In 2014, Textile Exchange conducted an analysis of organic cotton versus conventional cotton, concluding that organic cotton requires 91% less irrigation. They came to this conclusion after commissioning their own organic cotton life cycle analysis (LCA) and summary of results, comparing their LCA to an LCA from Cotton Inc dated 2012, however, LCA data was not not comparable.
LCAs, by their nature, reflect specific farming methods and climatic conditions, data collection and analysis methodologies, and schedules. They are not easily compared and result in a comparison scenario of apples and oranges. In 2019, the water saving claims in Textile Exchange’s summary of findings were challenged in an opinion piece by trade magazine Apparel Insider, but at the time, Textile Exchange supported the claim and the methodology used. to determine it.
Pitfalls of lifecycle analysis
For the Transformers Foundation report, seeking to find a credible basis for the claim, several experts were interviewed who also challenged the findings of the organic cotton LCA. The authors of the report later determined that the reason for the conclusion that organic offers considerable water savings is that it compares organic fields which are largely rain-fed to conventional cotton fields which use water. ‘irrigation. Again, apples and oranges.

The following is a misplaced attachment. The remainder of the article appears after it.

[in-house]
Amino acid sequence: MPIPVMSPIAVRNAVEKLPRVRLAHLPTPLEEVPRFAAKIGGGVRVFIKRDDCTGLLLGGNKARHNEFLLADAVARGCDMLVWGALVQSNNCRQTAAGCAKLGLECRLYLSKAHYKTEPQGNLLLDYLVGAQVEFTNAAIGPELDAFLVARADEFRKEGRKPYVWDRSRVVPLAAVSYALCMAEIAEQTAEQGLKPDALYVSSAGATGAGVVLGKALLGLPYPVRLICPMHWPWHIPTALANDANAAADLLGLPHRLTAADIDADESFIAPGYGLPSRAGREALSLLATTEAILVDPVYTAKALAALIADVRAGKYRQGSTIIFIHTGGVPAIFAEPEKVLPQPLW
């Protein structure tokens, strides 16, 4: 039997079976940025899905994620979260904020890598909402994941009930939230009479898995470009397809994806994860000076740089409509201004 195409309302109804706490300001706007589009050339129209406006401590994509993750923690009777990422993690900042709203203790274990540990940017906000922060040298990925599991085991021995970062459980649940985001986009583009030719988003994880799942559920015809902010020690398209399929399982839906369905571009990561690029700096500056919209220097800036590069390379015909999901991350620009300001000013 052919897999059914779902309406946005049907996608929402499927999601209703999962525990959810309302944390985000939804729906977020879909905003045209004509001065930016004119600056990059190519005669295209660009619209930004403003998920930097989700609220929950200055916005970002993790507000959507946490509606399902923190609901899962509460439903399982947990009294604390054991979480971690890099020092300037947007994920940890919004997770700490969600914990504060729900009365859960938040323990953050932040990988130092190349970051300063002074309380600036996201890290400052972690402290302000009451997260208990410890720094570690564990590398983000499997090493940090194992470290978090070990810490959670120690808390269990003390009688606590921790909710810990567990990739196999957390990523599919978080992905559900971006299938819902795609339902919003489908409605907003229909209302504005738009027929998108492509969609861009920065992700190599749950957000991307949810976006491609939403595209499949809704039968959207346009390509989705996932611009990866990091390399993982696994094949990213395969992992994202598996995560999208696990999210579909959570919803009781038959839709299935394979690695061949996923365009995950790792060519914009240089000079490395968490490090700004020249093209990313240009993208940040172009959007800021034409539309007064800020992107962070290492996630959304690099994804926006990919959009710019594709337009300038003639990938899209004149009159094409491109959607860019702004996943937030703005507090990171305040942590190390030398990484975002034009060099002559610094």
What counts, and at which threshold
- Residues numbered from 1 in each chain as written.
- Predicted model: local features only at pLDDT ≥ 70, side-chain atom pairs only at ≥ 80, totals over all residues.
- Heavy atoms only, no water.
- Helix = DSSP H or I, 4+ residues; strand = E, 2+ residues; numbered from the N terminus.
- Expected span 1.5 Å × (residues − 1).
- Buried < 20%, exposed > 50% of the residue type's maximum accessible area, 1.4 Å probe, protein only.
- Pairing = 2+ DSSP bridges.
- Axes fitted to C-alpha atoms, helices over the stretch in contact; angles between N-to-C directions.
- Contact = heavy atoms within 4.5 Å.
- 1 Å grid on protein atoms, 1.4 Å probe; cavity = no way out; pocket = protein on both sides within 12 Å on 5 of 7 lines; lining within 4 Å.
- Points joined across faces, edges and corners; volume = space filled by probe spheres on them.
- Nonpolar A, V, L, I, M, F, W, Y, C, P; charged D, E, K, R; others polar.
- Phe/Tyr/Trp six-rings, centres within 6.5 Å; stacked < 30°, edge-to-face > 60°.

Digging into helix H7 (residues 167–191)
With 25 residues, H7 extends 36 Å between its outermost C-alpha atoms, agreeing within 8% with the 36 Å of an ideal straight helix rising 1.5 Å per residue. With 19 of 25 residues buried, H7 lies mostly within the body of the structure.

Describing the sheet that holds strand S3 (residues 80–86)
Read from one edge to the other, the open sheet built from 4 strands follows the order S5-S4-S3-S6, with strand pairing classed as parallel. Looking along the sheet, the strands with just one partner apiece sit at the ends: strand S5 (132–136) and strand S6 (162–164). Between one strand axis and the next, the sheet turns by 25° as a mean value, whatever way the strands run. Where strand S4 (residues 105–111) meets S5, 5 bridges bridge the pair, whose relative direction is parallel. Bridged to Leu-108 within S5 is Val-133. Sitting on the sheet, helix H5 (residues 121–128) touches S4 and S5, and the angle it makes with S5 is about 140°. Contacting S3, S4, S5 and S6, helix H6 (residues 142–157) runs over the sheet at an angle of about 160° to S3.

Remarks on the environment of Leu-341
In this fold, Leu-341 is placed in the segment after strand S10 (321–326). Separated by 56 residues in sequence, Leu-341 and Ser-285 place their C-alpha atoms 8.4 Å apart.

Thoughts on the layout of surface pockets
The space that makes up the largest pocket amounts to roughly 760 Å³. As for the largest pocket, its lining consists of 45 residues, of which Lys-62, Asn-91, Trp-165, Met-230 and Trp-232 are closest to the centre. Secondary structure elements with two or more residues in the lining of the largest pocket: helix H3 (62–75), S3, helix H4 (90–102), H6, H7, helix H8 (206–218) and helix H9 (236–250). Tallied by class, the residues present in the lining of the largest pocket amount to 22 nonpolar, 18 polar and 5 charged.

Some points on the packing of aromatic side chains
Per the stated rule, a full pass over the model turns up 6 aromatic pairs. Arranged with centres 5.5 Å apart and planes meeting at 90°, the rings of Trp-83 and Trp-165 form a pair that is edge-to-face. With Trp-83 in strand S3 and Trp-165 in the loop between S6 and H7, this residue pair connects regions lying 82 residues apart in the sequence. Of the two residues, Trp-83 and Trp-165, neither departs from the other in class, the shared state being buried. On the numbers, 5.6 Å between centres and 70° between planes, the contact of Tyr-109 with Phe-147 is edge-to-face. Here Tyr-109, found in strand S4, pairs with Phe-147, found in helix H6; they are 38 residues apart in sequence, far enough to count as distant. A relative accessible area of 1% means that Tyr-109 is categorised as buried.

Moreover, the common belief that organic cotton is rainfed while conventional cotton is irrigated also has no basis. “It is not known that the irrigated water consumption of cotton is determined by its organic or conventional status,” the report says, adding that this factor is rather determined by the climate and irrigation techniques.